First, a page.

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J Am Acad Dermatol. 1996 Jun;34(6):971-8.

Evaluation of the American Academy of Dermatology's National Skin Cancer Early Detection and Screening Program.

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  • 1Department of Dermatology, Boston University School of Medicine, MA, USA.



Increasing incidence and mortality rates from cutaneous melanoma are a major public health concern. As part of a national effort to enhance early detection of melanoma/skin cancer, the American Academy of Dermatology (AAD) has sponsored an annual education and early detection program that couples provision of skin cancer information to the general public with almost 750,000 free skin cancer examinations (1985-1994).


To begin to evaluate the impact of this effort, we determined the final pathology diagnosis of persons attending the 1992-1994 programs who had a suspected melanoma at the time of examination.


We directly contacted all such persons by telephone or mail and received pathology reports from those who had a subsequent biopsy.


We contacted 96% of the 4458 persons with such lesions among the 282,555 screenings in the 1992-1994 programs. We obtained a final diagnosis for 72%, and the positive predictive value for melanoma was 17%. Three hundred seventy-one melanomas were found in 364 persons. More than 98% had localized disease. More than 90% of the confirmed melanomas with known histology were in situ or "thin" lesions (< or = 1.50 mm thick). The median thickness of all melanomas was 0.30 mm. The 8.3% of AAD cases with advanced melanoma (metastatic disease, regional disease, or lesions > or = 1.51 mm) is a lower proportion than that reported by the 1990 Surveillance, Epidemiology and End Result Registry. The rate of thickest lesions (> or = 4 mm) and late-stage melanomas among all participants was 2.83 per 100,000 population. Of persons with a confirmed melanoma, 39% indicated (before their examination) that without the free program, they would not have considered having a physician examine their skin.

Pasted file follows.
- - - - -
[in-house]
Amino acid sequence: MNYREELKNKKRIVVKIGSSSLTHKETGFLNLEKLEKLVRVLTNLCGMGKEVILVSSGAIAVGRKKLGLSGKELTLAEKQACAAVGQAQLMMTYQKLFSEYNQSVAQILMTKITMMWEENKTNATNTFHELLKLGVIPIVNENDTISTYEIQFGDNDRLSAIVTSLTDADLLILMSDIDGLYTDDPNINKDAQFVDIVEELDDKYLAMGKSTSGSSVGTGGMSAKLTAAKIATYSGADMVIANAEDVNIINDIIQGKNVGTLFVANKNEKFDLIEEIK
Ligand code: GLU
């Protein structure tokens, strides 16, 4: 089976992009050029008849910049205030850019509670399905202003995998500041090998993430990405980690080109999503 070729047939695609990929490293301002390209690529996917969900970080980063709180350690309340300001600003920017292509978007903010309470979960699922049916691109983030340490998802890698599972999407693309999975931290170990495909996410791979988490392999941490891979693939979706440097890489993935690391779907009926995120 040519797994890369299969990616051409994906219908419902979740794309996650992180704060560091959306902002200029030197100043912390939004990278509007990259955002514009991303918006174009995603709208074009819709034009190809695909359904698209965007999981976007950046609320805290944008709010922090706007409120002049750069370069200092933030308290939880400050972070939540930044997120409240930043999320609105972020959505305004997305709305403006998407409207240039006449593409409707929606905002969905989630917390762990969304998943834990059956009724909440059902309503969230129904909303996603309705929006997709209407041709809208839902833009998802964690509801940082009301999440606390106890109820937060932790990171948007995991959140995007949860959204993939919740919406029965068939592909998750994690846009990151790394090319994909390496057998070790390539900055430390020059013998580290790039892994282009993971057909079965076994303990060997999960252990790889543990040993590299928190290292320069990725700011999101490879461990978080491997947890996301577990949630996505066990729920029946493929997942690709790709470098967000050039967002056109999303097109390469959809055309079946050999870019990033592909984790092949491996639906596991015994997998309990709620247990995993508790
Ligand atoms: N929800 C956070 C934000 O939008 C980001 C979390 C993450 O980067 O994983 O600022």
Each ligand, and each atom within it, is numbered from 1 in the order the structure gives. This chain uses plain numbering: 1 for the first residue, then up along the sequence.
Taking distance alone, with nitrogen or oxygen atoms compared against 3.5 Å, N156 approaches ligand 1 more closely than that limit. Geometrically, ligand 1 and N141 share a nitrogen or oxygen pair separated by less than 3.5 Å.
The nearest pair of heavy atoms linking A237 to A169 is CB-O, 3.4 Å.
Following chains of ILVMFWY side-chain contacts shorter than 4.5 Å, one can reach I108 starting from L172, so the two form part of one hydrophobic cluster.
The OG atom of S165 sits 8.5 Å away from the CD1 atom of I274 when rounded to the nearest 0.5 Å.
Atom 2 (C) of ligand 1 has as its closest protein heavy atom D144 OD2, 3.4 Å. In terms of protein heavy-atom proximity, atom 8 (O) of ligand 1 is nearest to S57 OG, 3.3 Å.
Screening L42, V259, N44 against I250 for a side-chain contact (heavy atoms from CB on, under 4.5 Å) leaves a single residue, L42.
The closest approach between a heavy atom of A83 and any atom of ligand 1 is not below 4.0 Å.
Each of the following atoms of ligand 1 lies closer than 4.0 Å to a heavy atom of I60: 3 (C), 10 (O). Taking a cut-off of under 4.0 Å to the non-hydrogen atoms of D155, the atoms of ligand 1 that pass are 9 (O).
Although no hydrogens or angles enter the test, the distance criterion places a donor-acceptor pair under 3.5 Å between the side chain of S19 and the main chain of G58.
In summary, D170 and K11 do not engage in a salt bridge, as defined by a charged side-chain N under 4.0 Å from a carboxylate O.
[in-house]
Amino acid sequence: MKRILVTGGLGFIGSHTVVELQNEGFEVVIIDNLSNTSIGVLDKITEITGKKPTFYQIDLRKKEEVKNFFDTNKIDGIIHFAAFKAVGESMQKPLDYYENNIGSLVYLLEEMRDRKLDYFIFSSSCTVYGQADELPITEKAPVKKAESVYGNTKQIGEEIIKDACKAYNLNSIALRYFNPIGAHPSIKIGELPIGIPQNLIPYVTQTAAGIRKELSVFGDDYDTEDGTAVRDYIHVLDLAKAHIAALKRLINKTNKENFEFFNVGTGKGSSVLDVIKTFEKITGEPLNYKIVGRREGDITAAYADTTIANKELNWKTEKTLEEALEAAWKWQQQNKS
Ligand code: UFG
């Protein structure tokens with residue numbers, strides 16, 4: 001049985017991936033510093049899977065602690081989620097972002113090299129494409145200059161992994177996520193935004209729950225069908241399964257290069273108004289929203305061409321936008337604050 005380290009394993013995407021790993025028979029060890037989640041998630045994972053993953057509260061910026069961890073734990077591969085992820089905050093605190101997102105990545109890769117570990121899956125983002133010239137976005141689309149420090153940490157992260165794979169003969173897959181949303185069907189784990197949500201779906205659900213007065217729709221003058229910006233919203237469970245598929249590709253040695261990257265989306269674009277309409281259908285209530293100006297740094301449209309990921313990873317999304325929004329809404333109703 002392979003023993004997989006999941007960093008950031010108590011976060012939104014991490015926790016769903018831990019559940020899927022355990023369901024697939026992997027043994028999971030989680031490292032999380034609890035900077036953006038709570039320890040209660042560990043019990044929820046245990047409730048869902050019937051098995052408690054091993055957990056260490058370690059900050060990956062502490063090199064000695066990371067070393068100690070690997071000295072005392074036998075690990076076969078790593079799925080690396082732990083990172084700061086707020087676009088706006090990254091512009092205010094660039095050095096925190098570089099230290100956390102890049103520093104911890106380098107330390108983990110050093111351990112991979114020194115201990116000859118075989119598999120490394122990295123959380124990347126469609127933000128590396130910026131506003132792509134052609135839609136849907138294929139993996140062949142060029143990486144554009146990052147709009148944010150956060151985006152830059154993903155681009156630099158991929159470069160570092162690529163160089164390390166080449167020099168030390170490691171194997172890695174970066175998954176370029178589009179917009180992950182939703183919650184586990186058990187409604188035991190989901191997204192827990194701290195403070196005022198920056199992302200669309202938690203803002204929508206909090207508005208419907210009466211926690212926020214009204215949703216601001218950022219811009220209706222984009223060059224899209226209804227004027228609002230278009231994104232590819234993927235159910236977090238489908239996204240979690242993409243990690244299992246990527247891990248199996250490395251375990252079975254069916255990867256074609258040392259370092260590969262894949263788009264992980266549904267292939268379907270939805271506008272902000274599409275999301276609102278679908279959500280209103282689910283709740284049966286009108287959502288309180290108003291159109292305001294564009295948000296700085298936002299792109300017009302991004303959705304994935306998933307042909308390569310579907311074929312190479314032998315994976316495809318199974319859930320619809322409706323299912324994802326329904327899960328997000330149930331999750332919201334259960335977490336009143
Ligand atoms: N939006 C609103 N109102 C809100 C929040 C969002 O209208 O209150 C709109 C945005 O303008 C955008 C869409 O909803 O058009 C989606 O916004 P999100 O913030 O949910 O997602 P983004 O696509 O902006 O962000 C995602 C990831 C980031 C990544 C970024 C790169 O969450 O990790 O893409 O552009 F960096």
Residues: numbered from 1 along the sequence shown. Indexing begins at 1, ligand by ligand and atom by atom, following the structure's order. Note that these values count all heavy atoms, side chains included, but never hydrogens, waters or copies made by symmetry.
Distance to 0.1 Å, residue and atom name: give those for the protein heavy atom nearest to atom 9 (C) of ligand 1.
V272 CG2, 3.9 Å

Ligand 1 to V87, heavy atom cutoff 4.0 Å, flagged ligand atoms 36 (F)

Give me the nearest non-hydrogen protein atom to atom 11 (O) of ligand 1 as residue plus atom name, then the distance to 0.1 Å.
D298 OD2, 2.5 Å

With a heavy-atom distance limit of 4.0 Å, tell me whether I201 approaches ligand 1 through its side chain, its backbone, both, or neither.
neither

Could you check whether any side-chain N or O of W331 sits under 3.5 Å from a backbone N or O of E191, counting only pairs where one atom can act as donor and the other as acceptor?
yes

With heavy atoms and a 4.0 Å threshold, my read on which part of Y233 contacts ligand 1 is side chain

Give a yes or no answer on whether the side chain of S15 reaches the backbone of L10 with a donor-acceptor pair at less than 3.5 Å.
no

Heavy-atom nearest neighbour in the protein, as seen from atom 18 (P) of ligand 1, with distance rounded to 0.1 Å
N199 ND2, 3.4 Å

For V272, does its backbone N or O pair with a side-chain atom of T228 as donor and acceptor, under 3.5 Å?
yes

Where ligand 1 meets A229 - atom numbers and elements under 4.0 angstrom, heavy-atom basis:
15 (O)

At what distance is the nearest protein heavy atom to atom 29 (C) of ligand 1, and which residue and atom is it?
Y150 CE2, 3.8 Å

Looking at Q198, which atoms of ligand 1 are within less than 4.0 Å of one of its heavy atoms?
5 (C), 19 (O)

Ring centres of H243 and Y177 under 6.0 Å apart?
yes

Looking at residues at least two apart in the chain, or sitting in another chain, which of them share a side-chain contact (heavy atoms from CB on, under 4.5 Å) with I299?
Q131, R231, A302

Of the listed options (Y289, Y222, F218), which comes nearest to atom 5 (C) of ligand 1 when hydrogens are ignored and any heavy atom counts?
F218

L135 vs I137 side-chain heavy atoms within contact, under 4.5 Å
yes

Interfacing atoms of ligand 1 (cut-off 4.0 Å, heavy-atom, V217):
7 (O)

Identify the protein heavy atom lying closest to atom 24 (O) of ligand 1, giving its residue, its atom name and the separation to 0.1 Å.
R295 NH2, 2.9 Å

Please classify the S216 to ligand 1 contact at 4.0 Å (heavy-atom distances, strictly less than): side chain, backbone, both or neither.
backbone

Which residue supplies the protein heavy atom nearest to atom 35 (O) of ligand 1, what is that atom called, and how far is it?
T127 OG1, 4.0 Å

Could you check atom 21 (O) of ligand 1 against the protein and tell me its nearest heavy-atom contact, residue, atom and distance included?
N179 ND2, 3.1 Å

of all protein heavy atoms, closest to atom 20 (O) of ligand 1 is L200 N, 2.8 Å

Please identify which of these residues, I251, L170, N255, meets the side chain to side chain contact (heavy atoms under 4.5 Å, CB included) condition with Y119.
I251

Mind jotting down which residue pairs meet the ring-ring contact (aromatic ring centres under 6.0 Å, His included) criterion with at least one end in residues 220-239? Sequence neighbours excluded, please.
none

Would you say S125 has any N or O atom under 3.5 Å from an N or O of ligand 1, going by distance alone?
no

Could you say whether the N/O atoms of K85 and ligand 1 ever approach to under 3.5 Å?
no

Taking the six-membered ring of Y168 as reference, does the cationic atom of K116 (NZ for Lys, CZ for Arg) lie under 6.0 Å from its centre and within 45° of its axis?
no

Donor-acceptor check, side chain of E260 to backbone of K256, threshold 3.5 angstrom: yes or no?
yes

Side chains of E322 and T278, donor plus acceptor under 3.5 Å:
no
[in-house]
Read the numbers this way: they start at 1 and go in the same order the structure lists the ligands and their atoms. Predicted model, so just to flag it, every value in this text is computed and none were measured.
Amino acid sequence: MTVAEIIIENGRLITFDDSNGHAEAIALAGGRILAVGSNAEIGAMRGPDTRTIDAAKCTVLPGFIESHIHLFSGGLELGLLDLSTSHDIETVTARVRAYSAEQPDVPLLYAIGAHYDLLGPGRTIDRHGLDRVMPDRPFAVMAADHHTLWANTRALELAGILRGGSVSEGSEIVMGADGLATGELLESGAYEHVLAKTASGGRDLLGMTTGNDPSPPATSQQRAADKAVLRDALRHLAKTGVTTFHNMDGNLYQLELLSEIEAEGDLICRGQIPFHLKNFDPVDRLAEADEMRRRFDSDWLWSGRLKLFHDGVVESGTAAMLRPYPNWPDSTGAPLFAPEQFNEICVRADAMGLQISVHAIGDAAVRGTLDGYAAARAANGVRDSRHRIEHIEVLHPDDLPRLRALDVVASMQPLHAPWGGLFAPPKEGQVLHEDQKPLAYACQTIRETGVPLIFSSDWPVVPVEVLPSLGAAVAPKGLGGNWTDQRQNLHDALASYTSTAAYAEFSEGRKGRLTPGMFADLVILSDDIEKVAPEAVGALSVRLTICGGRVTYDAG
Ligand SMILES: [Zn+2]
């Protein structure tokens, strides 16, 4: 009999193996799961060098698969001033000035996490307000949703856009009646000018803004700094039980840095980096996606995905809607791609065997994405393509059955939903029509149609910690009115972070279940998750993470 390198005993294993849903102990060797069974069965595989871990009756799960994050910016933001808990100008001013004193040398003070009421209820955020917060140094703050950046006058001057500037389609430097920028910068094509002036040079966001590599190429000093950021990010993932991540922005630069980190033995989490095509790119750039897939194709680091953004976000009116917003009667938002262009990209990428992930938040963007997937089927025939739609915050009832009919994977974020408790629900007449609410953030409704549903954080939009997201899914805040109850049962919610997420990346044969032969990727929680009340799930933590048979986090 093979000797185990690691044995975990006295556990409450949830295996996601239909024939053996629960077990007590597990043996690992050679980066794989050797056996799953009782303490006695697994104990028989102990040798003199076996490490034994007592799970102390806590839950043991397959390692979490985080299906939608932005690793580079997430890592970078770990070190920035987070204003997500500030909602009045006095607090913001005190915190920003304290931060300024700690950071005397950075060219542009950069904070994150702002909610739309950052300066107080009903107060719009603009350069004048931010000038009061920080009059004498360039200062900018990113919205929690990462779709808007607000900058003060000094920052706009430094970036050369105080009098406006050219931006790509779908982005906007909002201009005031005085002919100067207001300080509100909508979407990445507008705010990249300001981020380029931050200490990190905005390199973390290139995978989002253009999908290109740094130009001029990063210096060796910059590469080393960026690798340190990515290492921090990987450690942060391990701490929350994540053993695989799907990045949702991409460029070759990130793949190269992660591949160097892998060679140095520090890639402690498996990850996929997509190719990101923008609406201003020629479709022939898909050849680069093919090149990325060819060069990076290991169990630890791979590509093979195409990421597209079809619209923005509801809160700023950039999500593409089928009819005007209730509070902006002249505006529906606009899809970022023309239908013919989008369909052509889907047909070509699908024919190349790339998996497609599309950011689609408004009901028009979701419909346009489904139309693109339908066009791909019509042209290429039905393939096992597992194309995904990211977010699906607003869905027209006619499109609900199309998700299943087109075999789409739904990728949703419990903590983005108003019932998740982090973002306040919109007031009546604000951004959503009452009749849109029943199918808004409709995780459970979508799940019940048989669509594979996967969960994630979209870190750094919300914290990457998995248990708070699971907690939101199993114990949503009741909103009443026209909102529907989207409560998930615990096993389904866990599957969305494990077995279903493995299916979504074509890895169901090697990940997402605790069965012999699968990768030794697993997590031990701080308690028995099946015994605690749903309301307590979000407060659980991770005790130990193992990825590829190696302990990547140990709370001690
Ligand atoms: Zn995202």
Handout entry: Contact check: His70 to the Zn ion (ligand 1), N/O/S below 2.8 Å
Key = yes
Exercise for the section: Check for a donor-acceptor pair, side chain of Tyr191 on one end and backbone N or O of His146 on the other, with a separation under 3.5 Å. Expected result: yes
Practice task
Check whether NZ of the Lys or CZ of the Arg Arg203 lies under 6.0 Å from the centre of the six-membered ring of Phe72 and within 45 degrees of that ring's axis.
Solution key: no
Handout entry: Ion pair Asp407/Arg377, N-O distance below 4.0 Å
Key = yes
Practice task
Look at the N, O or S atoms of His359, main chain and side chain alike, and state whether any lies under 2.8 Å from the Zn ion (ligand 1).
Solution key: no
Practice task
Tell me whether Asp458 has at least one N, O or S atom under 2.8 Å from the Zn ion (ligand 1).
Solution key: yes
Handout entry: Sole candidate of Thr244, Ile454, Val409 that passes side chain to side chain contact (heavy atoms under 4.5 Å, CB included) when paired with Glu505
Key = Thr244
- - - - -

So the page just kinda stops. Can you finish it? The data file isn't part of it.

The 1992-1994 free AAD programs disseminated broad skin cancer educational messages, enabled thousands to obtain a free expert skin cancer examination, and found mostly thin, localized stage 1 melanomas (usually associated with a high projected 5-year survival rate). Because biases impose possible limitations, future studies with long-term follow-up and formal control groups should determine the impact of early detection programs on melanoma mortality.

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